There’s no more compelling storyline in Super Bowl LV than the matchup between Tampa Bay Buccaneers quarterback Tom Brady — preparing to start his 10th Super Bowl — and young Kansas City Chiefs quarterback Patrick Mahomes, who will be starting his second as the reigning Super Bowl MVP.
This will be the fifth time the two quarterbacks have been on opposite sides of the field. One of them will walk out of Raymond James Stadium with a 3-2 edge on the other.
Speaking to reporters on Monday, Mahomes said that he’s been watching Brady since he was a kid.
“If you’re a young athlete — and you play any sport — and you don’t look up to guys like Tom Brady, then you’re crazy,” he declared. “I mean, he’s a guy who’s had success year-in and year-out continues to make himself better — to not be satisfied with where he’s at. He’s the type of greatness that you strive to be like and [grow] toward as you grow up. For me, I grew up watching him play. He’s still here playing — and he’s still at the top of the game.”
In particular, Mahomes said he still admires the way that Brady is able to identify defenses and coverages before each play starts.
“The way he’s able to dissect defenses before the snap is something that I truly admire,” he said. “I’m trying to get to that level. And the way he’s able to move within the pocket, be able to reset his feet, be completely calm and still make throws right on the money — no matter who’s around him — is something that I continue to work on.”
But his head coach thinks that even after just three years in the league, Mahomes might already be playing at the same level.
“Tom is great at it,” acknowledged Andy Reid. “Pat’s gotten to that point now. I mean, he’s [one] of the great ones — Tom included. He knew he had to get better in that area — and he’s done that.”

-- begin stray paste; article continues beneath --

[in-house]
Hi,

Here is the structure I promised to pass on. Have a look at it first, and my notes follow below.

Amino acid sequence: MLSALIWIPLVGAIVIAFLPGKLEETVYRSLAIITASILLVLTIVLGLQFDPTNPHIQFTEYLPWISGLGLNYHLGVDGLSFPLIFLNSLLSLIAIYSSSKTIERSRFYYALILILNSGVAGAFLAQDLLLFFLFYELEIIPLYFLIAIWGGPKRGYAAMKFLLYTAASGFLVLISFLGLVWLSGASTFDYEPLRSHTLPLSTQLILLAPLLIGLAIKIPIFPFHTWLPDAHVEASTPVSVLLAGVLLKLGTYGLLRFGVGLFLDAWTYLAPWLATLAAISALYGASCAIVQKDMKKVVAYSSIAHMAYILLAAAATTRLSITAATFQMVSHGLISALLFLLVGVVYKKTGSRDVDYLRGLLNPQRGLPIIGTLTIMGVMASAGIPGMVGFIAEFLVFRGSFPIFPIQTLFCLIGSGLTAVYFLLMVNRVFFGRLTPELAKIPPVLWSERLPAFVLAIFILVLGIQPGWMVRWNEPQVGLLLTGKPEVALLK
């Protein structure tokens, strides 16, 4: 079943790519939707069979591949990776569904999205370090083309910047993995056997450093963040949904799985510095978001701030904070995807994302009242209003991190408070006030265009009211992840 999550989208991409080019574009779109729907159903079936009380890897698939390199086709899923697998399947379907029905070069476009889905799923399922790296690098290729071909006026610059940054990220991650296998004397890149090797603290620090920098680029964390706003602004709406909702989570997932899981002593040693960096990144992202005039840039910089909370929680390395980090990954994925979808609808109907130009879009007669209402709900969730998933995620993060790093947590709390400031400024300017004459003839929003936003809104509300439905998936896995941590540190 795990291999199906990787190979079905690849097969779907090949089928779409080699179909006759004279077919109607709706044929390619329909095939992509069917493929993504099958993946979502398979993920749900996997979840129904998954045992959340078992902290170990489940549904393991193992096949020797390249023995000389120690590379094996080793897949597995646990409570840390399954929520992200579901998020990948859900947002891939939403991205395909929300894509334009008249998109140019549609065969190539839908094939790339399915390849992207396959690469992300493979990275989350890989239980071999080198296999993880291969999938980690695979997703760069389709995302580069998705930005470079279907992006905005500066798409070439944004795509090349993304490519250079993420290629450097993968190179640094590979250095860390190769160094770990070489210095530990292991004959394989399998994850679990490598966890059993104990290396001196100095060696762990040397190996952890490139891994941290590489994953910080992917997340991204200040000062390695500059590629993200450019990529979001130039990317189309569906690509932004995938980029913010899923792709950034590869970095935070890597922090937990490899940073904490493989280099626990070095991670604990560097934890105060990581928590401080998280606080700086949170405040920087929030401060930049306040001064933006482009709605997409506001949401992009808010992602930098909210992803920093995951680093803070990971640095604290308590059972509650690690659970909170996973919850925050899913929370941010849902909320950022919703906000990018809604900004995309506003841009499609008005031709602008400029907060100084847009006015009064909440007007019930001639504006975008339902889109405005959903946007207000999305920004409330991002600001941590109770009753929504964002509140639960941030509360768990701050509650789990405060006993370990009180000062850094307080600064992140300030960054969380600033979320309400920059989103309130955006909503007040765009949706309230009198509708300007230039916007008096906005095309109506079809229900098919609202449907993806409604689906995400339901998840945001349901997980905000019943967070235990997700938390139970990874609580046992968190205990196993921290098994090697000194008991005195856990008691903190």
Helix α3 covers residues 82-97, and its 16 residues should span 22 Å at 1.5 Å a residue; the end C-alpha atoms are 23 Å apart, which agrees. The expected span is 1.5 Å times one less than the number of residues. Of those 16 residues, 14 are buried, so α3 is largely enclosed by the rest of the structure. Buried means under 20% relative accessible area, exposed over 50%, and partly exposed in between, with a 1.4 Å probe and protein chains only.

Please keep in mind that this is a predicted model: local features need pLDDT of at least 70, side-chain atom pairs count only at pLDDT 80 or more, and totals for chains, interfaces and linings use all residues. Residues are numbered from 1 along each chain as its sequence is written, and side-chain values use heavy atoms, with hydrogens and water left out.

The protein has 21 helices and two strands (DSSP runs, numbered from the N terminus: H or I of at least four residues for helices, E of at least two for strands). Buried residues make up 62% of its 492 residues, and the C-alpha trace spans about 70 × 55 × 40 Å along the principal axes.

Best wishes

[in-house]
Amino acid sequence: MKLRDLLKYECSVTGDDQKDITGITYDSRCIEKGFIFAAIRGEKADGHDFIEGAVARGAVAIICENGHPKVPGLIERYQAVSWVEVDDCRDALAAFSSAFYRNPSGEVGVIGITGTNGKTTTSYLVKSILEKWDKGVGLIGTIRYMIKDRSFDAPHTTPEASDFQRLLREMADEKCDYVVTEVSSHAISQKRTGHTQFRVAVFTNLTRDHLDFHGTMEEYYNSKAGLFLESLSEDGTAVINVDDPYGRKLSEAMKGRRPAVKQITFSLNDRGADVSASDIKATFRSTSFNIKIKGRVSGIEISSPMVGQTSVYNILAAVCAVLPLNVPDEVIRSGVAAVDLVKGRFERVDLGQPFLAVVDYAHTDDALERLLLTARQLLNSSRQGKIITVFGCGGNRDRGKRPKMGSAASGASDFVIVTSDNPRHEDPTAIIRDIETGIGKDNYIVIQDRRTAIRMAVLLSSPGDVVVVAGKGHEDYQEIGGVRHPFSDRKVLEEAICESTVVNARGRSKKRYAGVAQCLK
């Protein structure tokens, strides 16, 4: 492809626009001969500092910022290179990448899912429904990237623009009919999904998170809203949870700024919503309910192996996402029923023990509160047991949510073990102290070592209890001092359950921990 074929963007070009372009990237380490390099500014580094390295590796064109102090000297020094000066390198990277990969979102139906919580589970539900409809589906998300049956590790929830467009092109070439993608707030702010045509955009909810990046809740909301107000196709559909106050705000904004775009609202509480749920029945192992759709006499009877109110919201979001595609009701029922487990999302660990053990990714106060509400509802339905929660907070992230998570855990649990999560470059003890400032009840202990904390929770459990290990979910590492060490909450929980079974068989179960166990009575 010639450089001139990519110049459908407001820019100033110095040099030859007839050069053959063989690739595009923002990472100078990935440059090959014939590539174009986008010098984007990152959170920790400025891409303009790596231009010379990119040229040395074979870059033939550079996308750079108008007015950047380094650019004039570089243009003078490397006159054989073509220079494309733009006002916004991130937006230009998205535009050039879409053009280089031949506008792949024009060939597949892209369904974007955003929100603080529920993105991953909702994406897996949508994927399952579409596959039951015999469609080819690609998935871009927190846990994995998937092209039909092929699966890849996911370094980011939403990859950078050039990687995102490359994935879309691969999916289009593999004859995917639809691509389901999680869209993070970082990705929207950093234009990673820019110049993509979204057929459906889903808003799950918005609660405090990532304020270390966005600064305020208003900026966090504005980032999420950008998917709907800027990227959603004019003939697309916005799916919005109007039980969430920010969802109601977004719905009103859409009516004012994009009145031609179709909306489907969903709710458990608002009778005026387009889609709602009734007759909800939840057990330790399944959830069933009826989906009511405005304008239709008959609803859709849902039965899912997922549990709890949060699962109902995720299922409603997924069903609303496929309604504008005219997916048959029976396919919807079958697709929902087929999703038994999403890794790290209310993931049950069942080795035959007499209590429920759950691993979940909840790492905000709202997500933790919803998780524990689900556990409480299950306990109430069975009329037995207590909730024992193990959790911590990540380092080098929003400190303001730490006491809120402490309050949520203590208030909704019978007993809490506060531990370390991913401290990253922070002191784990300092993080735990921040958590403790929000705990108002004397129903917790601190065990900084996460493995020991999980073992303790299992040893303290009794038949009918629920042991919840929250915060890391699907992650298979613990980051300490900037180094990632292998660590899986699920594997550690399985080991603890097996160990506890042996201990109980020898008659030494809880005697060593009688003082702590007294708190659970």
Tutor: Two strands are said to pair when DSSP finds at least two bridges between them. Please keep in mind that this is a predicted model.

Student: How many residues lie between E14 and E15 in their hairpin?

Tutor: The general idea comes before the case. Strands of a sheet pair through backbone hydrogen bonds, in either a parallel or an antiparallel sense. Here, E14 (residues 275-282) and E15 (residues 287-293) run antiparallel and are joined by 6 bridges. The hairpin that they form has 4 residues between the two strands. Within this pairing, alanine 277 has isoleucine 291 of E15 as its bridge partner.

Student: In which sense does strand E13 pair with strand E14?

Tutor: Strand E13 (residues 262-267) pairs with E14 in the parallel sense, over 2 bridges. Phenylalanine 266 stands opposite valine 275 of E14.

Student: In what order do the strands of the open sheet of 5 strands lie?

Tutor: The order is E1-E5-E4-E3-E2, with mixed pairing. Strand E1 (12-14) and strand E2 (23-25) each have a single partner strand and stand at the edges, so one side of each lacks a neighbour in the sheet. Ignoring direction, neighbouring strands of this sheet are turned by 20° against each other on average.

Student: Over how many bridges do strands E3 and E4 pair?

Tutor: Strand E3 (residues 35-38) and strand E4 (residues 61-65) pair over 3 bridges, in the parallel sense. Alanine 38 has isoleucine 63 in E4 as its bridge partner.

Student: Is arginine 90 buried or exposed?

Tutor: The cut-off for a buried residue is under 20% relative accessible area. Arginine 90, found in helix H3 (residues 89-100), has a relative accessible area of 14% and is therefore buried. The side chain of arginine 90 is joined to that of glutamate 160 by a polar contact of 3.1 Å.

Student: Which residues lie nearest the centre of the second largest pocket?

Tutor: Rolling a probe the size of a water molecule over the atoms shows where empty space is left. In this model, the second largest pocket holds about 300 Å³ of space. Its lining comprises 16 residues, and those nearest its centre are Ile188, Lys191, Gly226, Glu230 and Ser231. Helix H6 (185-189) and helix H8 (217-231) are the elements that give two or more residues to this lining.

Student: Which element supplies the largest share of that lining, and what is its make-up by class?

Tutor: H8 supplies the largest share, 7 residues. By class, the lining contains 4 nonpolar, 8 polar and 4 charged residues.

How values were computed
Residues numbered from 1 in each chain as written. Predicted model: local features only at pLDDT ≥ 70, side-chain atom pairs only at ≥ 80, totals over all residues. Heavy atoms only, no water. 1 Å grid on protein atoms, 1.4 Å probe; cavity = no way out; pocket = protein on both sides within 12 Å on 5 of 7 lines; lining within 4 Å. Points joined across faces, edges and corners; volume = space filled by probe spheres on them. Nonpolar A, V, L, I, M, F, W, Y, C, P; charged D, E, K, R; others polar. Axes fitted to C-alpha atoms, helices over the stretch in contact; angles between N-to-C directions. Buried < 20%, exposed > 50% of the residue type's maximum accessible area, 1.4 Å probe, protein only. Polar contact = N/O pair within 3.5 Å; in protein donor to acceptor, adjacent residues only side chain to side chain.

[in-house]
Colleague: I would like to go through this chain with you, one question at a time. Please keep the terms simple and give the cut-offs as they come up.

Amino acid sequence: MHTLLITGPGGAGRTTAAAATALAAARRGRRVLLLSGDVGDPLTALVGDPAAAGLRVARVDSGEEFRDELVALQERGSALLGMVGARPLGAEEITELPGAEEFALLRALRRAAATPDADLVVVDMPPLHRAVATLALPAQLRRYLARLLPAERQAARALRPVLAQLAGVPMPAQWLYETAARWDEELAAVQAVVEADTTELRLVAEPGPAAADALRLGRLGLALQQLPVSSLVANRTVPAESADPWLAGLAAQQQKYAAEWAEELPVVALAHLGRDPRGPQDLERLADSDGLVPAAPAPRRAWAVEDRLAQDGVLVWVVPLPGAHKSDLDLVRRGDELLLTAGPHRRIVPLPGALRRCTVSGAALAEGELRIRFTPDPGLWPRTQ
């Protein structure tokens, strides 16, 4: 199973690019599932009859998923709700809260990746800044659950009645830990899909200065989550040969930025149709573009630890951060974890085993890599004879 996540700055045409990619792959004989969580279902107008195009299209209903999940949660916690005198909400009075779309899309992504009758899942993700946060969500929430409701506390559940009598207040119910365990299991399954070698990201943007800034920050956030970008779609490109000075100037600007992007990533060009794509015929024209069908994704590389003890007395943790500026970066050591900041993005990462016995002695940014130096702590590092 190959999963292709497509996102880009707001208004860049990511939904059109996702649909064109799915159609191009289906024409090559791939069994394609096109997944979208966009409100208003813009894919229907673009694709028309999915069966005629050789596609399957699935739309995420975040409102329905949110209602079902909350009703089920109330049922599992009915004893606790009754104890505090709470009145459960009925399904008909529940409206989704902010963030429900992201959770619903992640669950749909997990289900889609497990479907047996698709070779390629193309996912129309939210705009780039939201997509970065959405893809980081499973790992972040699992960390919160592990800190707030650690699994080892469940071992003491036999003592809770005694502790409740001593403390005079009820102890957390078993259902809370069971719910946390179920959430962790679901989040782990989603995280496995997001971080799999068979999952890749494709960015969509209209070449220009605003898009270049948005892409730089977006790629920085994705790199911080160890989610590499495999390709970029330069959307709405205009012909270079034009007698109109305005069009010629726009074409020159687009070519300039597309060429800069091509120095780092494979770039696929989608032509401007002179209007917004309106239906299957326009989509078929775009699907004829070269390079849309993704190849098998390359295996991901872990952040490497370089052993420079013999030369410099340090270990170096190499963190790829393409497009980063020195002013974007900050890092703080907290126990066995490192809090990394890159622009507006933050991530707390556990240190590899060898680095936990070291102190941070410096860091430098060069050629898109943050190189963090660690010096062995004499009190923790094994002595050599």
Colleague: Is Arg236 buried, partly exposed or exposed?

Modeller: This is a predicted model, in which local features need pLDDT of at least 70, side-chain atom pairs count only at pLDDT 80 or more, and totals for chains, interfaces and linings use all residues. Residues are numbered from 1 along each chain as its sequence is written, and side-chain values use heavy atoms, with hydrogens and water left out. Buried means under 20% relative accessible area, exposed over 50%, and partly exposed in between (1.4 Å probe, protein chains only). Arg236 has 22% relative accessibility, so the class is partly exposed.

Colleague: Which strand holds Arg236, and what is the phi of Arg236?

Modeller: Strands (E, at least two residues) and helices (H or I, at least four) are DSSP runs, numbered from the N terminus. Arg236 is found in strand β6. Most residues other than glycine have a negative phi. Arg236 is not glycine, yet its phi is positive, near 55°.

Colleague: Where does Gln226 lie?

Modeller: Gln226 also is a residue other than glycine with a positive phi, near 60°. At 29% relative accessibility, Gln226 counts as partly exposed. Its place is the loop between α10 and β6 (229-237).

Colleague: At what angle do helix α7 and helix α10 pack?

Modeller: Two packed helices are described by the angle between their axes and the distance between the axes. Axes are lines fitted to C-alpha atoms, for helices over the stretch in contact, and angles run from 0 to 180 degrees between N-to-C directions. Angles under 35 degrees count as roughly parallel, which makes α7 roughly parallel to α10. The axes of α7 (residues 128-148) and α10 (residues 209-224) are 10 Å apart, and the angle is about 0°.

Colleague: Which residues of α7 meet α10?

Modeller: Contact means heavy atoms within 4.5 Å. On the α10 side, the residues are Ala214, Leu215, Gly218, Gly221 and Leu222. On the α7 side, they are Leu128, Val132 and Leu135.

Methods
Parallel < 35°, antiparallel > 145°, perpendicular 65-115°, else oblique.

Back in March, Mahomes appeared on the HBO series “The Shop,” making headlines when he revealed that even up into his Super Bowl season, he “wasn’t very good” at reading opposing offenses.
“One thing you love about Pat is [that] he’s always taking his weaknesses and trying to turn them into strengths,” said Reid. “You appreciate that as a coach — and that’s the way he’s gone about it for the years that he’s been here. It tells a lot about the kid — and it’s also great for his teammates to see that. You can see the improvements he’s made every year.”
Mahomes said that a lot of his improvement has come simply from having more experience in the league.
“You get different looks — especially with our offense, we get a lot of crazy looks, crazy blitzes and stuff like that — and you have to learn how to adjust and to learn how to go out there and have successful plays,” he explained. “This year, I’ve felt super-comfortable recognizing defenses, recognizing blitzes, recognizing coverages and being able to get us into the right play — [to] get a successful play going [with] a completion. So it’s definitely something that I’ll continue to learn — but I’m at a way-different level than I was even last year.”
Mahomes also said that he recognizes that in order to play for as long as Brady has, he’ll have to continue to take care of his body — something that Brady has been vocal about doing during the latter years of his two-decade career.
“If you want to play this sport for a long time — how physical it is — you have to invest as much time into your body as you do anything else,” said Mahomes. “I’ve learned more and more in my young career so far [about] what I can do to keep myself available and healthy — [to] try and be in the best nutritional state I can be in; I feel like I’ve gotten better.”
His goal is to play for just as long as the quarterback he’ll be facing on Sunday.
“I’m going to play as long as they let me,” said Mahomes. “But in order to do that, I’ll have to take care of my body as much as I take care of everything else on the field.”
Win or lose on Sunday, Mahomes intends to continue to learn from Brady’s example.
“As I continue in my career, I’ll still try to do whatever I can to watch the tape on him, because he’s doing it the right way. You can tell by how many Super Bowl championships he has — by the rings on his fingers.”